Tuomo Pekkanen's Latin grammar mentions (§52.3) that the -e- added to the present stem before -nd- in the gerund and gerundive (in the third and fourth conjugations) can be replaced with a -u-. For example, mittendus = mittundus and faciendus = faciundus. No more details are given.

When can I one replace the typical -e- with -u-? Is this specific to some era, author, or verbs? Would it be appropriate to occasionally make the replacement in any context?

I wanted to understand the -e-/-u- variations in gerund(ive)s better. The variations can also be across words, not only within single words; I consider both variations to be essentially the same phenomenon.

  • It's the older form. Consider also the old present passive participle alumnus (from alo, alere), which would've probably been alemnus had it been formed in Classical Latin.
    – Anonym
    Commented Jul 12, 2017 at 23:52
  • @Anonym Somehow I suspected that might be the case, but I had no evidence for it. Can you post that as an answer?
    – Joonas Ilmavirta
    Commented Jul 12, 2017 at 23:59
  • Possibly relevant: dcc.dickinson.edu/grammar/latin/present-stem a page from Allen and Greenough that mentions that e/i/u in this kind of context generally comes from a Proto-Indo-European "thematic vowel" which apparently had ablaut variants *e (> Latin e, i) and *o (> Latin u)
    – Asteroides
    Commented Jul 13, 2017 at 0:26
  • Gerends? Gerendives?
    – Draconis
    Commented Aug 29, 2019 at 16:28
  • @Draconis I'm sure such forms would make many furibend if not moribend.
    – Joonas Ilmavirta
    Commented Aug 29, 2019 at 16:49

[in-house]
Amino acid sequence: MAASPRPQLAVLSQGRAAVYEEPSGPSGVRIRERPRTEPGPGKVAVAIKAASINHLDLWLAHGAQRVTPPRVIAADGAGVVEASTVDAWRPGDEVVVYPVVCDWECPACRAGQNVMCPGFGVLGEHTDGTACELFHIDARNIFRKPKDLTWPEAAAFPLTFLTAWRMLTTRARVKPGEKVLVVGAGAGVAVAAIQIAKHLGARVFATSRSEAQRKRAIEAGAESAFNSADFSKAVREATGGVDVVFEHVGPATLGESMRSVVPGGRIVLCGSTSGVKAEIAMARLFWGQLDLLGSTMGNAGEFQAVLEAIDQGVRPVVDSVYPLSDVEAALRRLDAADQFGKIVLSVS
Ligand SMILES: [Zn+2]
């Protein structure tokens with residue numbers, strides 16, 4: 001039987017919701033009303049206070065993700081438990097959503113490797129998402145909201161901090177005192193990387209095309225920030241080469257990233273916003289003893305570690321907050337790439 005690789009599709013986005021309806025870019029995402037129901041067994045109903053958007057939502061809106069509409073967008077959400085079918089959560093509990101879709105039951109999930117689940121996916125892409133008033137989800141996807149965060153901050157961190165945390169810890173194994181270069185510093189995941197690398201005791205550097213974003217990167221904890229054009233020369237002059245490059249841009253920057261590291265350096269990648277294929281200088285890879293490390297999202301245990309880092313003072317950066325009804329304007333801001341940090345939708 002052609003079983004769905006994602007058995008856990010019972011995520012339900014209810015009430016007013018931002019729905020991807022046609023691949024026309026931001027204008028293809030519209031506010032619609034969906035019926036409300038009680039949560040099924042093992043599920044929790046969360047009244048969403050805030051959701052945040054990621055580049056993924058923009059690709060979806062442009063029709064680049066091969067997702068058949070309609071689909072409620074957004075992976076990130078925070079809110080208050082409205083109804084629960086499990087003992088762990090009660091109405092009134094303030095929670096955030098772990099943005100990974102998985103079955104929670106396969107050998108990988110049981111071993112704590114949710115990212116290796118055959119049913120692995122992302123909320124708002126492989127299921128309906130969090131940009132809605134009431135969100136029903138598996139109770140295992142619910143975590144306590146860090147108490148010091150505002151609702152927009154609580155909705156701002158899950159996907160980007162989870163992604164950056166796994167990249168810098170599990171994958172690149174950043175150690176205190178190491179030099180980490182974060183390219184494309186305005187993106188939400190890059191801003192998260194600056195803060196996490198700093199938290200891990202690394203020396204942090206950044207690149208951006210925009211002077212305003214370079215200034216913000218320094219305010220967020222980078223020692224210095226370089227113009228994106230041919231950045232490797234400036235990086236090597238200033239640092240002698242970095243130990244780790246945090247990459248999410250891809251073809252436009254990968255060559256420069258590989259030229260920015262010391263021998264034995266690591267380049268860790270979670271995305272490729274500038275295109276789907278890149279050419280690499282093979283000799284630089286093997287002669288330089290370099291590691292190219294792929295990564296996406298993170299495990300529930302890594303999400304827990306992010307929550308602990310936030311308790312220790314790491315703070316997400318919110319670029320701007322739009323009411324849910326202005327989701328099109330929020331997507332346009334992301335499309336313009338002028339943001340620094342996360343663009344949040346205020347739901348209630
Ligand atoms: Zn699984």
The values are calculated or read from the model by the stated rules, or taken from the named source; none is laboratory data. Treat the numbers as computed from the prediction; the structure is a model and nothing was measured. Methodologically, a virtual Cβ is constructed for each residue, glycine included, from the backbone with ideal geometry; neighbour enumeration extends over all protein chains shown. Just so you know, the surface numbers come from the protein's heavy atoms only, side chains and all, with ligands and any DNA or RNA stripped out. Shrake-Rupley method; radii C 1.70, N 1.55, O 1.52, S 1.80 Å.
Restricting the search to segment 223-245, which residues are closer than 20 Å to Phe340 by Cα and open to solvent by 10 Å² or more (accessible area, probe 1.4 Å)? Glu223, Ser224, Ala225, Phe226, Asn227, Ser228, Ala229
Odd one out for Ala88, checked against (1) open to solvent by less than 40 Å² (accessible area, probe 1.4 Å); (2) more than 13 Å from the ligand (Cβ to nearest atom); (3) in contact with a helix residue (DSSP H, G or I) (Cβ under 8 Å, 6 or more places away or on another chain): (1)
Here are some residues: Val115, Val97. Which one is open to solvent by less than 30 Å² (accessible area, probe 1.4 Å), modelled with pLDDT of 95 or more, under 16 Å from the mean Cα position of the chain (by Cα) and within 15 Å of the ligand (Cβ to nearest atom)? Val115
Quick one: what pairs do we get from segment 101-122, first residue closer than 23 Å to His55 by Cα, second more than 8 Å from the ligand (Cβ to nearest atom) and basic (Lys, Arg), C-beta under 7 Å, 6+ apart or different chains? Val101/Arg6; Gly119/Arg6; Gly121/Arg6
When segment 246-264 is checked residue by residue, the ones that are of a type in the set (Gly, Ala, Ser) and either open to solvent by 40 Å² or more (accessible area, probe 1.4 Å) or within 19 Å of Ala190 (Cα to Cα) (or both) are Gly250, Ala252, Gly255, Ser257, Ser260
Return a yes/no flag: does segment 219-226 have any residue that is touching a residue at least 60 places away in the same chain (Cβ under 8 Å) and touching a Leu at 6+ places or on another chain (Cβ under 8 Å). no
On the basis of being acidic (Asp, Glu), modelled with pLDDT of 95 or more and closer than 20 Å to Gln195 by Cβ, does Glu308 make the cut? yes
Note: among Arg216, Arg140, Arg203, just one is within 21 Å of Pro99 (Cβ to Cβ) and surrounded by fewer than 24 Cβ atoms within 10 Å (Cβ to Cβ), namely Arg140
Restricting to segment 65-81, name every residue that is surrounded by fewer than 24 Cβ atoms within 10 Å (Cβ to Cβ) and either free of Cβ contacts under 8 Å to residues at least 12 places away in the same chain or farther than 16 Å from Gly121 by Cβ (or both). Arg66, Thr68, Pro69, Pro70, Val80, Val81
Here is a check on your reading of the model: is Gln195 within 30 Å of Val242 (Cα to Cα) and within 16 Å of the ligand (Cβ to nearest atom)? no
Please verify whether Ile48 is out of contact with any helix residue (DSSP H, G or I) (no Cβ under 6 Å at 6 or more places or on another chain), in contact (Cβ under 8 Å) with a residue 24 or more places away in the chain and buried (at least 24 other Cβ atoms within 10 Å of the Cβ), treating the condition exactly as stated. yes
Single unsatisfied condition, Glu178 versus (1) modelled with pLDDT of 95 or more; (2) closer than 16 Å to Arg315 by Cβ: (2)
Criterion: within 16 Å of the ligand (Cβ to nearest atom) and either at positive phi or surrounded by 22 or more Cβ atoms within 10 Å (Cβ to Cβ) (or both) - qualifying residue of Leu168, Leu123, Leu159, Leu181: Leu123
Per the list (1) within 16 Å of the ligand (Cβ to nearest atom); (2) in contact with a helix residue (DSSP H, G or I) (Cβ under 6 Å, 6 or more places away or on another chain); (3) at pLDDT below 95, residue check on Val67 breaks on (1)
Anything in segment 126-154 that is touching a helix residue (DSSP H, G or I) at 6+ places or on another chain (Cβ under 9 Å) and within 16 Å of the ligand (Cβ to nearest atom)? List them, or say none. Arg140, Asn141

3 Answers 3


Weiss writes that

"The u-forms are characteristic of legal and archaizing style, e.g. pecuniae repetundae (the recovery of extorted money), and are found in the isolated forms secundus 'following' and rotundus 'round' (p. 444; emphasis mine - Alex B.).

Powell 2007/2011 adds that even though "the gerundive suffix in -undus, rather than -endus, has an old-fashioned flavor and is characteristic of legal Latin," "neither confined to it nor universal in it" (p. 482, note 21; emphasis mine - Alex B.).

As for specific authors, Leumann 1977 (p. 331) mentions first Plautus and Terence (Neue and Wagener write that the u-forms are gewöhnliche, i.e. usual/normal, in Plautus and Terence, p. 332); also Sallust and Gellius, cf.:

c) Für -endo- erscheint bei Verben der 3. und 4. Konjug. archaisierend oft -undo- (aus -ondo-), so meist Plt. Ter., dann Sall. Gell., auch inschr. Lex repett. (ausgenommen 65 tribuendei, also hinter u), D 620 veniundum est; archaisch wohl emundi und vendundi bei Cic.; alte Formel dat. iure dicundo; immer eundo- (wie ptc. eunt-) zu īre. Nur hinter u u̯ qu̯ scheint -undo- früh gemieden worden zu sein (doch beachte oben secundus): loquendi Plt., volvendus Enn., restituendos D 460, oben tribuendei. Danach ist vermutlich ursprüngliches -ondo- an ptc. -ent- zu -endo- angeglichen worden; bei dieser Annahme kann das -end- nicht auf idg. -n̥d- zurückgehen.

From the above quote from Leumann, we can also learn that in verbs whose stem ended in u, u̯, qu the u-forms were avoided in Latin - the only exception to this observation seems to be secundus.